Growing up 1966-1965 exhibition focuses on history of play in the founding days of Singapore. This museum minor gallery in the Singapore National Museum offers insight on the experiences of growing up in Singapore during the 1950s and 1960s. This would mainly incudes the baby boomer population in Singapore. Let explore the gallery with a walkthrough.
Toys, both in the past and present
The gallery sits on the upper second floor of the national museum of Singapore. Two large heavy double doors welcome you to a relatively large room with classroom tables taking center stage.
Moreover, kids love toys, and have always been a part of the experience of growing up. What’s Your Toy Story is a small display focused on play through toy artifacts. Also lined along the walls are cabinets filled with various classic toys. First off, here you can find small metal toys as well as well as riding items such as a wooden horse. Toy captions at each display capture each toy’s special significance to it owner.
Furthermore, if your parents who grew up in the 1960s era, bringing them here would definitely invoke some old fond memories of their childhood. Though I felt the quantity of toy displays are tad lacking and could be expanded.
Also, interestingly, for kicks, the National Museum ran a campaign aiming to inspire visitors on the story behind each artifact shown here in the galleries. The museum invited children of today to contribute what they think of toys of the present era. Going on the idea that every toy has its own story It allows you to see how today’s toys are similar or different from those of the yesteryear. There is definitely more plastic today.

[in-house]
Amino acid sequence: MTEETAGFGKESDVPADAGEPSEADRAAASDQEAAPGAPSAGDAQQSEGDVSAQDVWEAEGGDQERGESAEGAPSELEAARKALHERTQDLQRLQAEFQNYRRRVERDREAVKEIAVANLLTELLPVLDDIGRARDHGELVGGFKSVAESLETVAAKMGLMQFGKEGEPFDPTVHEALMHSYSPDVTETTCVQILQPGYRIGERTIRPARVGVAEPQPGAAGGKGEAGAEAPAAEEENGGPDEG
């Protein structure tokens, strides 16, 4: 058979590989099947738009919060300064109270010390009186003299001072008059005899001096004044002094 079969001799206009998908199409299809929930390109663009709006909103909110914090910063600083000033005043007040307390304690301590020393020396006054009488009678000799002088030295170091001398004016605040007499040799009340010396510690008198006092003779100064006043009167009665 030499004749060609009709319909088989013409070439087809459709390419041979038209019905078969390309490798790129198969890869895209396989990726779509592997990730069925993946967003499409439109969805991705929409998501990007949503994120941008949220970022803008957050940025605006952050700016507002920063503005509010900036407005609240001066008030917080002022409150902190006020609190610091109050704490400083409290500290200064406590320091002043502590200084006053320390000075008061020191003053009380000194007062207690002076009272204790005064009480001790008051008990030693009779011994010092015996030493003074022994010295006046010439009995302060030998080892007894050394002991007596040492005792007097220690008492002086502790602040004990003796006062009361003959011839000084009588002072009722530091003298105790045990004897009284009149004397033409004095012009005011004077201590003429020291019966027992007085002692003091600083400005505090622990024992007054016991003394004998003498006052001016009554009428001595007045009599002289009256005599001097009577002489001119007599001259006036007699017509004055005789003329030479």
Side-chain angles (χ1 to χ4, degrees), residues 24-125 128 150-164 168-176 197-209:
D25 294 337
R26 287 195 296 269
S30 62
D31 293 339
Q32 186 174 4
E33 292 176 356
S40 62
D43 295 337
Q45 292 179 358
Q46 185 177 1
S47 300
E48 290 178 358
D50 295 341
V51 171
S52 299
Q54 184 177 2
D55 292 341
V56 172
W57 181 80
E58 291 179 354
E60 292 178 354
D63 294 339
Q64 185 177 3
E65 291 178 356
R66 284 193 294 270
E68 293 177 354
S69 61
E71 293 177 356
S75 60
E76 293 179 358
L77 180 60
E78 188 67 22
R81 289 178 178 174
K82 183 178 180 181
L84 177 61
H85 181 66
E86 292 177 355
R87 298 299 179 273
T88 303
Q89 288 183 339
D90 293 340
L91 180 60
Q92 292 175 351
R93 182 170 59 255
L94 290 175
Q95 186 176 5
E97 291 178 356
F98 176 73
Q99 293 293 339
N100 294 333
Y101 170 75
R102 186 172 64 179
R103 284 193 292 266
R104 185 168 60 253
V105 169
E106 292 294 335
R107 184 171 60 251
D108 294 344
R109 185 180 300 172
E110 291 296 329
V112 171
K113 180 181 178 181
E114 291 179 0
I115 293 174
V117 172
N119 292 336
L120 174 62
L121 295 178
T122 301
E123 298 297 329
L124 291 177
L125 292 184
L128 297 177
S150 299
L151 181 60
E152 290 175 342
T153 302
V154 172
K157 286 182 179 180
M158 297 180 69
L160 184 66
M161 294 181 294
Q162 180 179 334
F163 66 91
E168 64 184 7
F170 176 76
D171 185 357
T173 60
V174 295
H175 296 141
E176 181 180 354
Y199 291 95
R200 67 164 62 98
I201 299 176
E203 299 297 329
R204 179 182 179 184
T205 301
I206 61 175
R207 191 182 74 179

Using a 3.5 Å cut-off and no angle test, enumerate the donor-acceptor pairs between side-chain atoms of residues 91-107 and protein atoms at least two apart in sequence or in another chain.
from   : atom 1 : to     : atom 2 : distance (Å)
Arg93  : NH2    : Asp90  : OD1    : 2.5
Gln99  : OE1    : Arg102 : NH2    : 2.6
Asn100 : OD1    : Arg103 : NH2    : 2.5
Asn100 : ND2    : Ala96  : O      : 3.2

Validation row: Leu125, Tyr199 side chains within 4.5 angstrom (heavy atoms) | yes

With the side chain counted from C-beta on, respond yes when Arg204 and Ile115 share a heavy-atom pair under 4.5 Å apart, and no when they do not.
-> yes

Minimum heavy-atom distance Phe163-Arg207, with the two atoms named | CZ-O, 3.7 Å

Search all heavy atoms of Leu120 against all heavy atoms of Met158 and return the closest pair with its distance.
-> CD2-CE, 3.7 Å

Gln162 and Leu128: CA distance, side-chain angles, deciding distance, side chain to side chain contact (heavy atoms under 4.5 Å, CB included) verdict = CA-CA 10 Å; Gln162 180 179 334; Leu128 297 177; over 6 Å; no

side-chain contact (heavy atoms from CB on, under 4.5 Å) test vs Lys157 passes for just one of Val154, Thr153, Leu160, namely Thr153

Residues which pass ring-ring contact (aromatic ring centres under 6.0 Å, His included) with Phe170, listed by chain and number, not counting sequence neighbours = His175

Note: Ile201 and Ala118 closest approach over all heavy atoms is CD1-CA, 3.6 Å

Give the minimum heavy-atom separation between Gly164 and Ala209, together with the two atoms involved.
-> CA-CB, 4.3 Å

60s School days
Moving on are school days in the 1960s, complete with classroom tables and era old-school uniform. Besides uniforms, you can find under display cabinets, stationary, books and notes used by school students in the early days of independence of Singapore.
A corner of fun
Additionally, tucked at the rear of the galleries sits a small room housing 3 separate wall displays. The displays covers stories, told through personal anecdotes and through interactive installations.
Zoetropes Stroboscopic animation table
Also taking center stage here is a carousel which uses a Zoetropes Stroboscopic Effect to animate a figurine using motor-driven rotating carousel. Check it out!
Also, back then, it was easy to be entertained with play and past times through simple means. Examples includes card games, badminton, catching spiders, marbles and spinning tops. Digital game addiction was less much a problem back then.
However, despite these political turbulence and social unrest (like racial riots), kids growing up in the 1960s were still able to enjoy happy childhood years. Also, the galleries also teach that you do not need fancy toys to have fun.
Also, entertainment can also be found in social circles and spaces. Children would have spent most of their time, such as in kampungs villages, schools and popular entertainment values. You can find mention of Rock n roll and Elvis disco nights, and even a display of classic bottled drinks which was a popular staple in parties then.
Community kampung spirit
In addition, back then were stories of children friendships and experiences through local identity. This was relieved through the gotong royong “community” spirit. It laid the foundation for the Singapore’s post-war generation, forging dreams and aspirations in a multi-racial Singapore.
Moreover, the 1950s and 1960s were a tumultuous period of change for Singapore. It was the 1959 era with the British handing over Singapore to self-governance. Also, then came Singapore’s merger with Malaya in the 1963, and the road to independence from 1965. It was a time when Singapore was beset with challenges and uncertainties.
All in all, one can only reflect how life was so much simpler back then. Children were also happy without the tether of games and electronics of today. You are good for the Growing up galleries for under 30 minutes tops. It’s a small gallery and complimentary to the other exhibitions on the second floor. Definitely one to check out especially with people who grew up in the 1960s for nostalgia.